“the style of New York… when you look out, it’s the most uncivilised place in the world.”
– (A Dialogue – The Artist’s Studio – MOCA TV, interview by Kim Hierston, Aug 7 2013, youtube.com).
Born into America’s age of Depression in the late 1920s, Katz was introduced to an extreme form of human nature that was urban in its aesthetic but primeval in its behaviour and emotions. Each painting by Katz evidences how susceptive he is to the energy of life, something he consistently refers to in interviews when asked about his motive and method of putting paint to canvas, a thing that requires both physical and mental energies of its own. His ‘arm painting’ technique is, in the artist’s own terms, inherently “muscular”. As Katz explains, “they have an image and they can’t stop, you keep moving on them” (Interview with Alex Katz by David Sylvester, March 15-16 1997, alexkatz.com/bibliography). In the same sense, modernity as a condition of existence, is infamously unstoppable. This draws from the same motive found in the violent splatter actions of Pollock, but equally echoes the seeping sense of space created by Rothko. It is, put simply, active picture-making. Yet with its own developed mechanism of sketching, drawing and painting, the flat ‘surface’ therefore contains a number of layers both of pencil and pensiveness provided by the artist. There is a profound sense of pace in the way Katz thinks, paints, and organises his work. His work has a lively composed consistency, without accommodating specific formulas, but unveiling the patterns and complex harmonies between himself, his media, and his subject.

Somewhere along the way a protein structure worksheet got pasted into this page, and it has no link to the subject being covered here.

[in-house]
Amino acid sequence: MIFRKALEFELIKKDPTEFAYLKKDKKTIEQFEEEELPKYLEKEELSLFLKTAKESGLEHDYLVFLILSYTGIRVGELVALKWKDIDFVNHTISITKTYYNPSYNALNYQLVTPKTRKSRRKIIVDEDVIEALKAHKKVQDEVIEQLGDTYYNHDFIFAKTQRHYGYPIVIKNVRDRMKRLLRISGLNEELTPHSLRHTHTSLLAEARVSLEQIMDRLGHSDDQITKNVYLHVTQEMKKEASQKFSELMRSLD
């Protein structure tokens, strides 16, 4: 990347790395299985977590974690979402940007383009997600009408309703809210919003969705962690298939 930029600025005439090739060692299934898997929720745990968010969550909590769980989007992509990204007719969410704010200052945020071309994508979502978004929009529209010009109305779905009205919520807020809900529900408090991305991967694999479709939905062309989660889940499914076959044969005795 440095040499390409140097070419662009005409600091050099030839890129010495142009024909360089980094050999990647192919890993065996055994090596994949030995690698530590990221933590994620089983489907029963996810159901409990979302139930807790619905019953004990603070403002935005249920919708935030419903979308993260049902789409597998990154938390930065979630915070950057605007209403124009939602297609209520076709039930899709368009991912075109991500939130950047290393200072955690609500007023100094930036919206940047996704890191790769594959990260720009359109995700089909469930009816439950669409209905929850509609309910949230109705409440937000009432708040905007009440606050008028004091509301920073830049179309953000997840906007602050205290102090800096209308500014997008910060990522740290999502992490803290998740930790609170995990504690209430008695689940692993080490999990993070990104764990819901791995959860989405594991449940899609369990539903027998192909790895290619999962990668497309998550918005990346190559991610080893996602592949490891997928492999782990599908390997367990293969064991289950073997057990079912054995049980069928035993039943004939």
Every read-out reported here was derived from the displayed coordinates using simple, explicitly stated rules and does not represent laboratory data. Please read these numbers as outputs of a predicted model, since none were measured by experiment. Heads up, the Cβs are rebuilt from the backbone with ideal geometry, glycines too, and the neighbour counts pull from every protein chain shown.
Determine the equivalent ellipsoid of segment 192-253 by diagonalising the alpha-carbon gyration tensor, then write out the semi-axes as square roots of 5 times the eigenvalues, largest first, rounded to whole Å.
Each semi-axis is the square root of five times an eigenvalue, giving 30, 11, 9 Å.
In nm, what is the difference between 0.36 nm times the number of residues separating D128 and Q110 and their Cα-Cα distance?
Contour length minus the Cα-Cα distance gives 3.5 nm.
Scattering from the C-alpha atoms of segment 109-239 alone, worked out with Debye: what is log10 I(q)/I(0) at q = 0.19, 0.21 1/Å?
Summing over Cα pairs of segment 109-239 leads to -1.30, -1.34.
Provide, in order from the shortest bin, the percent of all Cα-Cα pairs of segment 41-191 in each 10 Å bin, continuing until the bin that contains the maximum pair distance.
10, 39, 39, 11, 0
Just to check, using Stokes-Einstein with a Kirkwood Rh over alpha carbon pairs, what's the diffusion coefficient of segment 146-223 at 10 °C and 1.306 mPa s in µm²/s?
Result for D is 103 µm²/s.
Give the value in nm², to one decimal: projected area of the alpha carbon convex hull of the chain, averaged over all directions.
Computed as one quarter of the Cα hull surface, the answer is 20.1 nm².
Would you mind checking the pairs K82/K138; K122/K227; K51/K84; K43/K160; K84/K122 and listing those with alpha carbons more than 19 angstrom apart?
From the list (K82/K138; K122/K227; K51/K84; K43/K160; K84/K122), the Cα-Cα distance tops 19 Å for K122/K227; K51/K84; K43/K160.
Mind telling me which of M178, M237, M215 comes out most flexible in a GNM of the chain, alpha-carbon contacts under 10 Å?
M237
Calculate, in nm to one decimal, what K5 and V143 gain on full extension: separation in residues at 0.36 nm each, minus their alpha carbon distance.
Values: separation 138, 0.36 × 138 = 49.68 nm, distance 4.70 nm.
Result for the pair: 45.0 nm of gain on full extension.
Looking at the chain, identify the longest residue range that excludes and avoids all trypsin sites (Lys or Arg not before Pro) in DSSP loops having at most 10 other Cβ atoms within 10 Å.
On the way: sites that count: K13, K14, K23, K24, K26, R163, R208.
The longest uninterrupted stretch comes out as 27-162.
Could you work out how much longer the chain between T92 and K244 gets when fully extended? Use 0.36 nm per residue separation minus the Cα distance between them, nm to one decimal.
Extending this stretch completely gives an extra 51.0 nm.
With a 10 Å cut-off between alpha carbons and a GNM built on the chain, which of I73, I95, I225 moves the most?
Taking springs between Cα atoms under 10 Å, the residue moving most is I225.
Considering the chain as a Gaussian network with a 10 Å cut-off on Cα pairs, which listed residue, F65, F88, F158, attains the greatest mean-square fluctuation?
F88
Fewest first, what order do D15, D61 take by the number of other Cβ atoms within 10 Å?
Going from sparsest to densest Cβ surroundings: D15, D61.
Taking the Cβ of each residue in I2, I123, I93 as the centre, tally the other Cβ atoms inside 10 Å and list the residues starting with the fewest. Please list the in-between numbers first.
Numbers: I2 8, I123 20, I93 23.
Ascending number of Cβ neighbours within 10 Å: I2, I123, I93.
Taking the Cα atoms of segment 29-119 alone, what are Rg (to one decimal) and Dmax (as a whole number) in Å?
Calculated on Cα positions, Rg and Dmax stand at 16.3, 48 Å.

“the thing I’ve found is that the subject matter is the outside light. This is the thing that got me inside myself and that’s the thing I’ve been holding on to… the brush strokes are not conscious at all.”
– Interview with Alex Katz, by David Sylvester (recorded March 15-16, 1997), alexkatz.com/bibliography.